MaoArt by Shi Lu
During the first half of the Cultural Revolution one would not encounter in official productions of propaganda posters works in the style of Shi Lu’s 石鲁 (1919-1982) famous and daring Fighting in Northern Shaanxi 转战陕北 of 1959, commissioned for the Museum of Chinese Revolutionary History, criticized for the first time in 1964. The painting constitutes Shi Lu’s very personal reinvention of national-style techniques: the medium, ink and colour on paper, and the subject matter, landscape painting, was traditional, the large square format, of the painting, and the bright colouring, was new.
Shis conception—typical of the idea of 写意, i.e. “writing ideas” as practiced in traditional Chinese painting—that the loftiness of man, or rather, Mao, might be reflected in his setting, comes straight from the Chinese tradition (Andrews 1994:237/238, see also Hawks 2003:296-301). According to Julia Andrews, in this image, “Mao takes on the monumental persona of the vast, rugged ranges that stretch to the horizon.” (Andrews 1998:231) Yet, Mao also appears, in this image, off-centred, a tiny figure among huge and majestic mountains, isolated on a cliff to the right of the picture, isolated also from the peasants visible near him (significantly, only one of them actually beams toward Mao).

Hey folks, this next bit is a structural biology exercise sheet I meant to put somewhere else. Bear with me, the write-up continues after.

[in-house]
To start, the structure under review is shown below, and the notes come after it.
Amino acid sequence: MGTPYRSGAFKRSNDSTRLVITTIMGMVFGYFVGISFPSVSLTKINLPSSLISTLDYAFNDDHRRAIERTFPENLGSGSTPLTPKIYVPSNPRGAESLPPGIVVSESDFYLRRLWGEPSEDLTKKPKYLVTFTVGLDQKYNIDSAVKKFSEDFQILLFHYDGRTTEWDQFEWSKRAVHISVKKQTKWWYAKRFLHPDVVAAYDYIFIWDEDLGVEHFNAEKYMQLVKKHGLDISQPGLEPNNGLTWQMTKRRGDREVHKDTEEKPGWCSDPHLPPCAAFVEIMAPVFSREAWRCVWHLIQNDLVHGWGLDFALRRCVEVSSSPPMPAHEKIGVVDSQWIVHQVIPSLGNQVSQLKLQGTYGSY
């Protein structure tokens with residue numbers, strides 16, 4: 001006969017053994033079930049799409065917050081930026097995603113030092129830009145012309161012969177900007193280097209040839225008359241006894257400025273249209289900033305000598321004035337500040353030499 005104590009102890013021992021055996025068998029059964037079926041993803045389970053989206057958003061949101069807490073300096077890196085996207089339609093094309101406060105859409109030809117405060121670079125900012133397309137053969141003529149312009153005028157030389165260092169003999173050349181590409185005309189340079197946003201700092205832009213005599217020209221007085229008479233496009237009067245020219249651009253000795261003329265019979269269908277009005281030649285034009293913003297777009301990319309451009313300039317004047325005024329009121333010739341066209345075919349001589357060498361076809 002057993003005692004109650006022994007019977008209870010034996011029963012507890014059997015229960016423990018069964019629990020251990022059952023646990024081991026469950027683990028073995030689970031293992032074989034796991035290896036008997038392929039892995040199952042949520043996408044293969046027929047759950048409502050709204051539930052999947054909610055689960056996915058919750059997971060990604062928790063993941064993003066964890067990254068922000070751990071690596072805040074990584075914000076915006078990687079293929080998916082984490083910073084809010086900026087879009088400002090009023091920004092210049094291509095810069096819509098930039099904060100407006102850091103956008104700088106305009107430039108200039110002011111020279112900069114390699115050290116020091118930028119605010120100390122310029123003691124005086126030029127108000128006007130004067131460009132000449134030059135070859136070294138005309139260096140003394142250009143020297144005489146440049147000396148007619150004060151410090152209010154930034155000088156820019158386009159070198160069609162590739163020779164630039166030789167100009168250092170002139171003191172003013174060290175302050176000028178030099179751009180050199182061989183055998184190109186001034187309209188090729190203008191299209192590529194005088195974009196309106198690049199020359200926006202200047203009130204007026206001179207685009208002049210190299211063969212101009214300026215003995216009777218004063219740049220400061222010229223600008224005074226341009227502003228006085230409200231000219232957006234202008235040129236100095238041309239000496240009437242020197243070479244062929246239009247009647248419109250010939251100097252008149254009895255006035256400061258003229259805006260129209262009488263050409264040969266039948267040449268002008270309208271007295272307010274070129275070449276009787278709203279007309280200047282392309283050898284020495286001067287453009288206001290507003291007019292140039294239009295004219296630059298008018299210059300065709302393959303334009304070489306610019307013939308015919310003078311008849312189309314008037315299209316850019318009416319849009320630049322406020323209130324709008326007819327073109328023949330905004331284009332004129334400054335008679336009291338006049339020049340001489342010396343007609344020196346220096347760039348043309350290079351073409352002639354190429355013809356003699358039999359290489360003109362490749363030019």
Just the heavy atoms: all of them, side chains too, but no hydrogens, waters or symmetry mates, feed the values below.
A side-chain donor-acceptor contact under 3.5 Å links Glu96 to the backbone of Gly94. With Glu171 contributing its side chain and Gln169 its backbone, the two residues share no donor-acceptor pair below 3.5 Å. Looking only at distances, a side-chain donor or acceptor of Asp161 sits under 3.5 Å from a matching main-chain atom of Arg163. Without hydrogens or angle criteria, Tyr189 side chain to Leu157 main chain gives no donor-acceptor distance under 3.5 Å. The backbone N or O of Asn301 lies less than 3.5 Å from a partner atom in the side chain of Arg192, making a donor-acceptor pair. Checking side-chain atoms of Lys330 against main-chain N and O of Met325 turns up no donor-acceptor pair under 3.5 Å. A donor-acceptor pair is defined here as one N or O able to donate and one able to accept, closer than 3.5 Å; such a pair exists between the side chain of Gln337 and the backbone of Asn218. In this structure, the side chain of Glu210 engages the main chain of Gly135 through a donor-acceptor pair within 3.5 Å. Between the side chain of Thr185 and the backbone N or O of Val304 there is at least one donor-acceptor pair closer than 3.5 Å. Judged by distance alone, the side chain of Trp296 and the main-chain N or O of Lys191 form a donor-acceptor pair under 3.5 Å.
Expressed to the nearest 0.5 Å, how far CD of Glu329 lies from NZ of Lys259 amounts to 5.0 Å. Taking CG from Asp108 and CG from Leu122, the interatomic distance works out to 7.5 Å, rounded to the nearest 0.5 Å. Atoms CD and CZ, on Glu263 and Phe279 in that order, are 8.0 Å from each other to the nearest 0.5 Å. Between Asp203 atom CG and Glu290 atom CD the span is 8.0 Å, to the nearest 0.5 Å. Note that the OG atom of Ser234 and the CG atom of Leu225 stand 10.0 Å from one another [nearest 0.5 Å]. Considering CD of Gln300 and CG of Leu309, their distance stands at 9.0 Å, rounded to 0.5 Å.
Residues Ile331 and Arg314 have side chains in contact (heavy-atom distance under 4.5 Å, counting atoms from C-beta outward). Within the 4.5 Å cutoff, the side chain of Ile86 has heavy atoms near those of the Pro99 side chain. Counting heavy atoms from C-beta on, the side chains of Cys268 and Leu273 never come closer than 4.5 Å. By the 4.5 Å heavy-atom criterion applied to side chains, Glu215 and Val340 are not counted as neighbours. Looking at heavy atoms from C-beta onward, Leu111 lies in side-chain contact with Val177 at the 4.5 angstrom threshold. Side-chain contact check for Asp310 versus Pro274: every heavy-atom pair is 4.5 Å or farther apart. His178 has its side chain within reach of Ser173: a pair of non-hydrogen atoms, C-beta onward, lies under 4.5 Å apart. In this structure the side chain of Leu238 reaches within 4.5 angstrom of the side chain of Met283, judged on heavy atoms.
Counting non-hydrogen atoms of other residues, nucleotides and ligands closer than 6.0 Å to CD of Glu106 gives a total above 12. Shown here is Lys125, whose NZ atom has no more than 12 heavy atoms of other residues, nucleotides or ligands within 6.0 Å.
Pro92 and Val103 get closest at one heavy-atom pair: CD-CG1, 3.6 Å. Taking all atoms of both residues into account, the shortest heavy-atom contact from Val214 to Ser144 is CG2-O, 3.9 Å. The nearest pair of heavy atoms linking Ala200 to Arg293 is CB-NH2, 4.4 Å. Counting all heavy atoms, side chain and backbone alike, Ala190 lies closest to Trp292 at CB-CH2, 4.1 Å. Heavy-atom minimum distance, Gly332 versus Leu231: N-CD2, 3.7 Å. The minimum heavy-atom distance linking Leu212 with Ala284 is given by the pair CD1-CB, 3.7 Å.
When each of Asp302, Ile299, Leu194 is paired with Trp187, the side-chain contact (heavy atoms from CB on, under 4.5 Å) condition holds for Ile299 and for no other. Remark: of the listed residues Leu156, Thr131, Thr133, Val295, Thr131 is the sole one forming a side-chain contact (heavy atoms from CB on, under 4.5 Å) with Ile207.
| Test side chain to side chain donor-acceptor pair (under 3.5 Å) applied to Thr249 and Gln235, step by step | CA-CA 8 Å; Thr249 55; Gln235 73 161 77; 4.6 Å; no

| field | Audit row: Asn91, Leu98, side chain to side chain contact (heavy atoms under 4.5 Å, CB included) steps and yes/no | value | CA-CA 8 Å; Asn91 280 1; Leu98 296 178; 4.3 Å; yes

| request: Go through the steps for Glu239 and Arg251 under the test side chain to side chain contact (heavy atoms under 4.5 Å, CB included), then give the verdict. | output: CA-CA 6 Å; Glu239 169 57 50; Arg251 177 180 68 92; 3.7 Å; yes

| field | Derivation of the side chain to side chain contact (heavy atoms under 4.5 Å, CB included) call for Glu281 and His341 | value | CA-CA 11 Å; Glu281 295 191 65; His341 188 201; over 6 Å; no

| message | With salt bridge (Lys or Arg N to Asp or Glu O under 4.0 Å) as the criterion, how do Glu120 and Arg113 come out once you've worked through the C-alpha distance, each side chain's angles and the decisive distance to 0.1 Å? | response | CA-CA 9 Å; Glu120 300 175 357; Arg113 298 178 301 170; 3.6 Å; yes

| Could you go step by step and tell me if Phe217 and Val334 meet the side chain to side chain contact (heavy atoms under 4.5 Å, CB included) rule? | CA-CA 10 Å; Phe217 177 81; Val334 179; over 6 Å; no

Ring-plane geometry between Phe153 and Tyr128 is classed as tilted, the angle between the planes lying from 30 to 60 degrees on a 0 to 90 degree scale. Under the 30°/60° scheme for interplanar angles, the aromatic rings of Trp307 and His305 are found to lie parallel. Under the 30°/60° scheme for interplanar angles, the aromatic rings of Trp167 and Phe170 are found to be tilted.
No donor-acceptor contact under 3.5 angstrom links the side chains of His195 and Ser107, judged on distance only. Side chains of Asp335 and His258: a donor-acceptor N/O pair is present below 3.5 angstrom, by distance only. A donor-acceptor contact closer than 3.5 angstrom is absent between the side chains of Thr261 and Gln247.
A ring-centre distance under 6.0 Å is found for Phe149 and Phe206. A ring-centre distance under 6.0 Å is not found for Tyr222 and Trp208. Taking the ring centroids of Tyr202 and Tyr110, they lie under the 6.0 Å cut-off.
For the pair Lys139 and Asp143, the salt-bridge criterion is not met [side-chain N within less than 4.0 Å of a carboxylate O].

Mao is perhaps deliberating his next move here, in a portentous pose, rarely if ever seen during the Cultural Revolution, but one that can be traced back to the Chinese literati tradition of painting, especially from Song times: with his back towards the viewer (Hawks 2003:296-301)—a position which, as we have seen, is taken up again by Wang Xingwei in his parodies on Chairman Mao goes to Anyuan (ill. 5.27). Mao’s pensiveness, the irresolute, wavering mood of the depiction, the dominance of black colour, is decidedly not in accord with Cultural Revolution standards which would insist on a bright style and would cover up the dirt and some of the hardships entailed by heroism which clearly still hover in the somewhat heavy-handed background in this painting (Andrews 1998:235).
During this time, Shi Lu also painted a rather crassly and irregularily textured and loosely brushed national-style scroll of Mount Hua, complete with poetic inscription, emphasizing the enormity and inaccessibility of the peak (ill. 5.35). Quite conspicuously, paintings such as this one did not include Mao. Especially for those pieces of art made for foreign consumption, concern not to “offend foreign sensibilities,” which would begin to play an ever greater role after the Cultural Revolution and with the economic opening of China to the world later in the 1970s, was obviously already at work here.